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Belgian and Dutch DPAs to investigate security of SWIFT system

In a move that echoes strong action taken in the past by European officials to protect privacy, the Belgian and Dutch data protection authorities on Wednesday announced that they will begin an investigation into the security of the SWIFT financial system.

The announcement comes on the heels of our letters to twenty-eight European DPAs last month, which sought answers regarding the NSA's reportedly unauthorized access to SWIFT's financial messaging system and asked for an investigation into the scandal. Yesterday, the Dutch DPA responded to Privacy International confirming that the DPAs are undertaking their investigation following the international press reports and our letters.

The Belgian and Dutch DPAs' announcement is an important first step in getting to the bottom of NSA's purported access to the SWIFT system, and we commend the European DPAs for taking this potential breach of SWIFT's system seriously and refusing to allow SWIFT and the NSA to escape investigation with cursory denials.

The public have a right to know if their financial information was ever compromised by the NSA, and we hope that the Belgian and Dutch DPAs will thoroughly examine whether the NSA, with its sophisticated technological abilities, has been able to gain unauthorised access to SWIFT's system.  Without assurances that the SWIFT system is secure, the global banking community will be left to wonder whether the NSA has unlimited access to the vast majority of their cross border financial transactions. 

In order to make their investigation effective and transparent, we ask that the Belgian and Dutch DPAs consider doing the following:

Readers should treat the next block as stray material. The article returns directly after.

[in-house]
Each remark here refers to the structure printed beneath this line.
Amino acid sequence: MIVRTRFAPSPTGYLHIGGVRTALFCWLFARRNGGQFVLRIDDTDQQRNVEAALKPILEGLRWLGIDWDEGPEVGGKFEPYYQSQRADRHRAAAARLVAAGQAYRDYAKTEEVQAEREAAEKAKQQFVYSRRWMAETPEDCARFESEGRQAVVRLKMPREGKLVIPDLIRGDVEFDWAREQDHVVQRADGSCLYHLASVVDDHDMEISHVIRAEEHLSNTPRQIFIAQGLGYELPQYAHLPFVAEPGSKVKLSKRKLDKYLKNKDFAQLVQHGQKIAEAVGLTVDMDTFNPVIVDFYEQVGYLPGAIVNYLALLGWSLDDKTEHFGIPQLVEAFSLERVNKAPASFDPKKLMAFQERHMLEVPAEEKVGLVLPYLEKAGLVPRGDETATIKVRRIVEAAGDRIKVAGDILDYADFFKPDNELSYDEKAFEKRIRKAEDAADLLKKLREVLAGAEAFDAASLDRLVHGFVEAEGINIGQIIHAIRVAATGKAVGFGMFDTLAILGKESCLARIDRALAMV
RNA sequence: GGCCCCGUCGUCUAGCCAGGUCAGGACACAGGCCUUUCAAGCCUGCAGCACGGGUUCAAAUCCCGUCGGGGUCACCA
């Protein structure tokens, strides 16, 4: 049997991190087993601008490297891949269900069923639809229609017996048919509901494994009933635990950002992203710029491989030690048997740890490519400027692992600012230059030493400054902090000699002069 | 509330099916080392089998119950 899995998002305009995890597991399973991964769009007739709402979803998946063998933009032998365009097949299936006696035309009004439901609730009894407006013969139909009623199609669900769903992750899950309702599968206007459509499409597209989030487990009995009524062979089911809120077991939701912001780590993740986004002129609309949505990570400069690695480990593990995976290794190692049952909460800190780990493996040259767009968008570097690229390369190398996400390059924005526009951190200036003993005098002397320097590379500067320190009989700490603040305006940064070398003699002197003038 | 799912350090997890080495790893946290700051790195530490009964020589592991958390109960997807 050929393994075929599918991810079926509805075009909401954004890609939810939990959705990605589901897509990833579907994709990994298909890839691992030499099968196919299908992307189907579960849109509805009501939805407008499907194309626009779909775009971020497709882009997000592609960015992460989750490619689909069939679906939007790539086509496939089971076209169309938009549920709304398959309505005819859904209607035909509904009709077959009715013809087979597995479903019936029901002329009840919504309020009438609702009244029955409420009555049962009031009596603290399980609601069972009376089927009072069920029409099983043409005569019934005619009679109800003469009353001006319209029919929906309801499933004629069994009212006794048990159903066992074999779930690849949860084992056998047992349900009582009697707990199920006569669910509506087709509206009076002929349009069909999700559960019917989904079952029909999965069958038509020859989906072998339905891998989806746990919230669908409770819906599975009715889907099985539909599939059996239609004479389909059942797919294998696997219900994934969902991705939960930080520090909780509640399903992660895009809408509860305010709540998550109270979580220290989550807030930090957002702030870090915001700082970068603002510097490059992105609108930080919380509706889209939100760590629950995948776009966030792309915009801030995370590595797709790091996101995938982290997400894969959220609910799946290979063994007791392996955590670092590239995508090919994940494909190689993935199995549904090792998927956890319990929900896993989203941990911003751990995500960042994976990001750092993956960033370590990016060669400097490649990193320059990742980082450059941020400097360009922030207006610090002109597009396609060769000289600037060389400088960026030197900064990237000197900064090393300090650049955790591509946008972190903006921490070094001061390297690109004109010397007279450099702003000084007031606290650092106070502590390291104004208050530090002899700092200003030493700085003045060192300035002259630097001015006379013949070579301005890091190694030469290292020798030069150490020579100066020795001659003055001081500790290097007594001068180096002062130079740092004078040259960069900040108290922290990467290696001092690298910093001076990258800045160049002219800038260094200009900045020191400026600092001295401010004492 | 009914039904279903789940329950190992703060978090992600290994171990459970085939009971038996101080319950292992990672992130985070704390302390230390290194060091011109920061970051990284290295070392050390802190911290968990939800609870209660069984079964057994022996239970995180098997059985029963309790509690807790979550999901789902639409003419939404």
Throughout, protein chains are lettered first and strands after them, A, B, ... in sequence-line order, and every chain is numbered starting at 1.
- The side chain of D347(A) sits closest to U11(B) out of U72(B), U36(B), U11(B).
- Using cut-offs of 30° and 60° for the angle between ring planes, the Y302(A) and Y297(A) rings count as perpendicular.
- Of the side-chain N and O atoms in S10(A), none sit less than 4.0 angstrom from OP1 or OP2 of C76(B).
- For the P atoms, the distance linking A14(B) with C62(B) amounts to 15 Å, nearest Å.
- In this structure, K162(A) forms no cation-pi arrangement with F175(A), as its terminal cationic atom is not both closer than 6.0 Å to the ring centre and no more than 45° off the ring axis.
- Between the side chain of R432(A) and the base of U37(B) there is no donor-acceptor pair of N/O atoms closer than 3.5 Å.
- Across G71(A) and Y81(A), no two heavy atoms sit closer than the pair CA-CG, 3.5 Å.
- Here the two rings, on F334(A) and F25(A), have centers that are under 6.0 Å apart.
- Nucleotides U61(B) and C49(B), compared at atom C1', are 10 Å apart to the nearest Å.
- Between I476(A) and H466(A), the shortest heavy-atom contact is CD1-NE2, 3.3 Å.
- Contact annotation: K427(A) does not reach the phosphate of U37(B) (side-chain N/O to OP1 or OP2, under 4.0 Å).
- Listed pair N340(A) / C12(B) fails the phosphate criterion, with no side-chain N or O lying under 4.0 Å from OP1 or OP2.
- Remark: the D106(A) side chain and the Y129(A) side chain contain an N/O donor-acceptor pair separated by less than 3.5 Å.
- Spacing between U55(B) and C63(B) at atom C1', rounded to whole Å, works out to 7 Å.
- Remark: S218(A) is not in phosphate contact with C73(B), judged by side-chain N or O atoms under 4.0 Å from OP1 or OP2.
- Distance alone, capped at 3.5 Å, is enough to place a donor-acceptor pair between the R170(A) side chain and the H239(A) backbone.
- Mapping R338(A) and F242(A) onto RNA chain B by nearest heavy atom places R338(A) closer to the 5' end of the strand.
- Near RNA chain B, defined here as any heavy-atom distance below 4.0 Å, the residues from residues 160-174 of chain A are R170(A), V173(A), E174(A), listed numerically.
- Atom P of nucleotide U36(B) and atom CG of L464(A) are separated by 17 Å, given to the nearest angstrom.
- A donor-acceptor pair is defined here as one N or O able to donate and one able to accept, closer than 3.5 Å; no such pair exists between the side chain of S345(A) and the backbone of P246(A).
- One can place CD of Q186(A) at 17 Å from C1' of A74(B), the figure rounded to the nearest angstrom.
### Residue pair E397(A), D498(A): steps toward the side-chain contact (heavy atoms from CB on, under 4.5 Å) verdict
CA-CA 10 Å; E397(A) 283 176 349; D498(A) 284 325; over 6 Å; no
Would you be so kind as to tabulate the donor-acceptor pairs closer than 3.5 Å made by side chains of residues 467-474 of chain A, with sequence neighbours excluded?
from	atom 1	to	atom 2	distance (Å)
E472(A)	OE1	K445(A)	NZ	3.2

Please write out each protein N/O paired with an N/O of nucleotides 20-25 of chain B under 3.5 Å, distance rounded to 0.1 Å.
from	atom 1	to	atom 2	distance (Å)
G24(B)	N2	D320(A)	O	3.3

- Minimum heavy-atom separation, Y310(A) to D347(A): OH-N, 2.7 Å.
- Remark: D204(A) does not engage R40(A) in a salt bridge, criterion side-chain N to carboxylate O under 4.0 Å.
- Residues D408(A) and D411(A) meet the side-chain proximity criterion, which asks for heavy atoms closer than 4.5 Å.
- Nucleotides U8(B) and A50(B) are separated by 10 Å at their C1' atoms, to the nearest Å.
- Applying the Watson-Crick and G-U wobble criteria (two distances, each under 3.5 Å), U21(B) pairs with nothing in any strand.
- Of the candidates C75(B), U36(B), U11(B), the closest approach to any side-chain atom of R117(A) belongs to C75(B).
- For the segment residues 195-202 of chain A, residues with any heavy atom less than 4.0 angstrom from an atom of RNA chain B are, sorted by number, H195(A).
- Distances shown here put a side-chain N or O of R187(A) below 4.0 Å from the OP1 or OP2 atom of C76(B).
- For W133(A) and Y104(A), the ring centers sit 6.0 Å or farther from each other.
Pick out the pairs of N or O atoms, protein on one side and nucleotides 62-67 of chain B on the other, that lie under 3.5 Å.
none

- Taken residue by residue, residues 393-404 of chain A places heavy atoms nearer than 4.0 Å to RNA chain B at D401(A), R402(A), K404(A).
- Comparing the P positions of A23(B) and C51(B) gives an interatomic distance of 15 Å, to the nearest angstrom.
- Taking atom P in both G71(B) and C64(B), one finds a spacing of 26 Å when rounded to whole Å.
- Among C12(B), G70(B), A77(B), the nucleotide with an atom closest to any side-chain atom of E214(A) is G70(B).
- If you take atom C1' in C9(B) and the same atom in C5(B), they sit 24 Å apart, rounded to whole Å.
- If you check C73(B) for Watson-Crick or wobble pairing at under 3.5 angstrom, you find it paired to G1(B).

1. Engage a technical expert who can evaluate, in a deep and thorough manner, the SWIFT system and any potential breach;
  2. In conjunction with the technical expert, undertake an independent evaluation of the security of the SWIFT system instead of relying solely on assurances from SWIFT;
  3. Seek additional details regarding the NSA's purported access from those news agencies that broke the story;
  4. Reach out to banks that use the SWIFT system for assurances that they have not provided access to that system to the NSA; and
  5. Commit to being transparent regarding the elements and progress of the investigation, and to publishing a detailed report regarding its results so that those whose data may have been breached can be fully informed.

In 2006, the last time insecurities in SWIFT's system were revealed, Belgium took the lead in determining whether SWIFT's release of European data to the US violated EU data protection regulations. Its investigation helped highlight European concerns that pressured the US into agreeing to apply certain safeguards and limitations to its ability to access European's financial information. We hope the current investigation will similarly shed light on the failure of the present accord between the US and the EU regarding the US's access to financial data.

In particular, if the NSA has cracked SWIFT's system, that would be a clear breach of the 2010 US-EU agreement that sets forth various rules the US must follow when obtaining and processing financial data stored in the EU. This concern has already motivated the European Parliament to vote to recommend suspension of the agreement.

That agreement purportedly gives Europeans a right to redress if their financial data has been obtained in breach thereof.  But, as we explained previously, it's not at all clear how Europeans can effectuate that right.

For that reason, at the same time that Privacy International wrote to the European DPAs, we also reached out to the NSA, the US Treasury Department and the UK ICO asking for details on how Europeans can seek the redress they were promised. In contrast to the European DPAs announcement yesterday, the US and UK responded with deafening silence. This only highlights the problem we had already identified -- that at least when it comes to redress, the EU-US agreement may not be worth the paper its written on. Without an effective redress mechanism, the agreement fails its purpose of protecting the privacy rights of Europeans.

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